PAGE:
Tuesday, 22 March 2016

Final call for papers: The Sociology of Contemporary Urban Life: Economies |Cultures| Politics| Aesthetics

The final call for papers for an exciting event titled ‘The Sociology of Contemporary Urban Life: Economies |Cultures| Politics| Aesthetics’ on Thursday 16th and Friday 17th June 2016 has just been announced.

This two-day conference, co-organised by the Department and CURB (Centre for Urban Research), is an attempt to provide a lively, open-minded forum for urban sociologists to gather and discuss the challenges of conducting the craft of urban sociology in a fragmented, hierarchical urban world; an urbanizing planet where the very concept of ‘the city’—traditionally the unit of analysis for urban sociologists—faces unprecedented levels of scepticism.  The title of the conference is a riff on T.J. Clark's (1984) book on Manet and Paris, The Painting of Modern Life. As such, the conference aims to engage the contours of contemporary urban life in a comparable critical manner, using a  multiplex of economies, cultures, politics and aesthetics to explore  our contemporary urban experience/s (with or without the city).  The conference will also address the distinctive role that urban sociology has played, does play and may in the future play within the broader academic endeavour of Urban Studies.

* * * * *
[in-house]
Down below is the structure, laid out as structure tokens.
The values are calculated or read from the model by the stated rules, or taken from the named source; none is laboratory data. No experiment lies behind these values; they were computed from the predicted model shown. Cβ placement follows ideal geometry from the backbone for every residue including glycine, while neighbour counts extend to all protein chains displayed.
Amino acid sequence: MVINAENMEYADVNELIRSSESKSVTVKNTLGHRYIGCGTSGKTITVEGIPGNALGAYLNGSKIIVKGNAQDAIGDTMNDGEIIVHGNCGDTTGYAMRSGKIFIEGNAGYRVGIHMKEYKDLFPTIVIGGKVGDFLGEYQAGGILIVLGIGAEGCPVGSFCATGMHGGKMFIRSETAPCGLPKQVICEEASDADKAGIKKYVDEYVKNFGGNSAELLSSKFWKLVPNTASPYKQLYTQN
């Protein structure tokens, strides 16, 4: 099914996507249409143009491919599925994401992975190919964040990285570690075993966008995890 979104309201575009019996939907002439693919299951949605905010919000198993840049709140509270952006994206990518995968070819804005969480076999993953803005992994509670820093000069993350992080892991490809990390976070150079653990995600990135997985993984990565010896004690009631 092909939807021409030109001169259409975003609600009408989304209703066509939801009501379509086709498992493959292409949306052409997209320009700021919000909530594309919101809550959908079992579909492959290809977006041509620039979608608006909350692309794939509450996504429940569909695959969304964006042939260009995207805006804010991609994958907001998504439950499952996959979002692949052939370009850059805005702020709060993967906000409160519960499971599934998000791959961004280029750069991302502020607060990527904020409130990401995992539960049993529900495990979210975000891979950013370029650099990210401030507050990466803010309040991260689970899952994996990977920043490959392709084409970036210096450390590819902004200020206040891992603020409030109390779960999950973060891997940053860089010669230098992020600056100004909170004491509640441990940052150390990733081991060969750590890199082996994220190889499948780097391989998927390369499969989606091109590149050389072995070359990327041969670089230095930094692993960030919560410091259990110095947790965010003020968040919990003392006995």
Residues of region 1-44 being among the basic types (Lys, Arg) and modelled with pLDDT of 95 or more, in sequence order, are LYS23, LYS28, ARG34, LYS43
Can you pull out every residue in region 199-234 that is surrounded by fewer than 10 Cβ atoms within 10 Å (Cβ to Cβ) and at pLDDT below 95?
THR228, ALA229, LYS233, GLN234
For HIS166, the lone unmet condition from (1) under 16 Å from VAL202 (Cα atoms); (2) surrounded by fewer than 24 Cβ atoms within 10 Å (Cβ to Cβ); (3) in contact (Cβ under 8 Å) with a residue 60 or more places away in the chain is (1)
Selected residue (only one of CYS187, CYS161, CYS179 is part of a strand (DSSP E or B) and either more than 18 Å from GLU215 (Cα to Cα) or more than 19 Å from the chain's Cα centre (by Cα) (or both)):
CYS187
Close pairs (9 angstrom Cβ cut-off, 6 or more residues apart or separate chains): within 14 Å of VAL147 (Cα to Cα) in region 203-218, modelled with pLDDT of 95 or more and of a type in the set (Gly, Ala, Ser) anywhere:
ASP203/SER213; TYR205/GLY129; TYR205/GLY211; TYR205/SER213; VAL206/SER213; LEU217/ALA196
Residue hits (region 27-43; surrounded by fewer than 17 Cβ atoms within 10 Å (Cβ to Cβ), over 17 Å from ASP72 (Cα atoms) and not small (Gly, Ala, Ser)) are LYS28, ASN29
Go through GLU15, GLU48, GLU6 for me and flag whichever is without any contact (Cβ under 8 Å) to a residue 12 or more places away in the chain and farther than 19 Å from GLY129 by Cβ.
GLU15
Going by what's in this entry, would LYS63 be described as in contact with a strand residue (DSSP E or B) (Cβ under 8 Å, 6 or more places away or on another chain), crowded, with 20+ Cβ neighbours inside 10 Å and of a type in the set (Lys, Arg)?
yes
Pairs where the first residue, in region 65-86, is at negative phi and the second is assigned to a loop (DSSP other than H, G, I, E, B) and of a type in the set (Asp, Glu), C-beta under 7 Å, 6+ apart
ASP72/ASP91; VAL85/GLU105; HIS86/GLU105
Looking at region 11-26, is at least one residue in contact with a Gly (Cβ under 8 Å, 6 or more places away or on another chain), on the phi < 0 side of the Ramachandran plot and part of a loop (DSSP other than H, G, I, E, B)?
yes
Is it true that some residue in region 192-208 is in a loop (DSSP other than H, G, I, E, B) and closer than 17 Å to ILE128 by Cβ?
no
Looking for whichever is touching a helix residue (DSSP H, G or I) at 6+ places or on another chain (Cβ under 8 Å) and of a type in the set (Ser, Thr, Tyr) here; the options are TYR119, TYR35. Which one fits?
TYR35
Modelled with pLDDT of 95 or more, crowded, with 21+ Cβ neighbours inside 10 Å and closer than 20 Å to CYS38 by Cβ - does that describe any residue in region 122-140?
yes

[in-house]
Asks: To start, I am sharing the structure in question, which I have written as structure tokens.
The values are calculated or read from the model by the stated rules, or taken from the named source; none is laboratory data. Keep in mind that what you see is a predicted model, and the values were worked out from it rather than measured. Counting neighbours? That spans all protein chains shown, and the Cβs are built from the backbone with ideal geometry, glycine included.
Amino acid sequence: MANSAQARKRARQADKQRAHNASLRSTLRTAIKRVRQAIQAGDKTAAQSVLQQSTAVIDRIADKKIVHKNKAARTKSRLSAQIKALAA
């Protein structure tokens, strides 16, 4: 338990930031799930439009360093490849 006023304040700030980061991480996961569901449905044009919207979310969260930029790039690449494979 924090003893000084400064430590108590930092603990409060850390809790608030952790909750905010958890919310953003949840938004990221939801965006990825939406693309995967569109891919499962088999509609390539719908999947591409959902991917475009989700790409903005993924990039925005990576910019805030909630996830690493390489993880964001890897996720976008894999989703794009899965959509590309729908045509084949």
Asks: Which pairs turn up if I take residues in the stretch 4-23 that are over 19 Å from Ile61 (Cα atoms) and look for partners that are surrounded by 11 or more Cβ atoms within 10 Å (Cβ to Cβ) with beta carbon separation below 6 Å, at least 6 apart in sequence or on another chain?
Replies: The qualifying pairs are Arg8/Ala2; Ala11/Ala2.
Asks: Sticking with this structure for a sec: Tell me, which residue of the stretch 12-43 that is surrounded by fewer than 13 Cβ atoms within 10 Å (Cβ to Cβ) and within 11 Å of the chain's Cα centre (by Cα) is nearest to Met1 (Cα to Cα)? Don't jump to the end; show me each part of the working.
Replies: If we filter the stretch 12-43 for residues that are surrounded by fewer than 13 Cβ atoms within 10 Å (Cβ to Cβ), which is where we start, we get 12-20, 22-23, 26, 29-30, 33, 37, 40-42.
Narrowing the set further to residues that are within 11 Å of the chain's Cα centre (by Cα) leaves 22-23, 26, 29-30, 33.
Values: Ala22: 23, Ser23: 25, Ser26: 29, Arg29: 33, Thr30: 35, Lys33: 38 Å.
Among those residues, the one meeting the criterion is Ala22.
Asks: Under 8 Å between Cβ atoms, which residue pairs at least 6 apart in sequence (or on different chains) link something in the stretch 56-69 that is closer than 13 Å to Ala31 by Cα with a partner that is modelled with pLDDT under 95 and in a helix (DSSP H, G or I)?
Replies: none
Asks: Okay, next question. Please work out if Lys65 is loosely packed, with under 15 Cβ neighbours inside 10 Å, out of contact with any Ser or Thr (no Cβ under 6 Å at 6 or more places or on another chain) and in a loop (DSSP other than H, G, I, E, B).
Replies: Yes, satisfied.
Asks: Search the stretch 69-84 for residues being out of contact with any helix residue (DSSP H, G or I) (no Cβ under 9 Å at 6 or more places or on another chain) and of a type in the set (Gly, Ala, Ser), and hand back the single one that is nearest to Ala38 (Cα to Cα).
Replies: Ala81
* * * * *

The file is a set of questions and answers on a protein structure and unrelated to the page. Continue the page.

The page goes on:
Several leading urban sociologists have already agreed to speak at this event including Fran Tonkiss (LSE), Michael Keith (Oxford), Emma Jackson (Goldsmiths, London), Phil Hubbard (Kent), Ayona Datta (Leeds), David Pinder (Roskilde) and Richard Sennett (LSE) (a public lecture given as part of the York Festival of Ideas).


However, the intention is also to run a limited number of open streams and will be considering abstracts for papers that connect empirically or theoretically with the four interconnecting themes of the event. 

250 word abstracts should be sent to both Gareth Millington (gareth.millington@york.ac.uk) and Daryl Martin (daryl.martin@york.ac.uk) by Friday 25th March please. Decisions on abstracts will be made the following week. We especially welcome contributions from early career researchers. Registration details for non-speakers will be released shortly.

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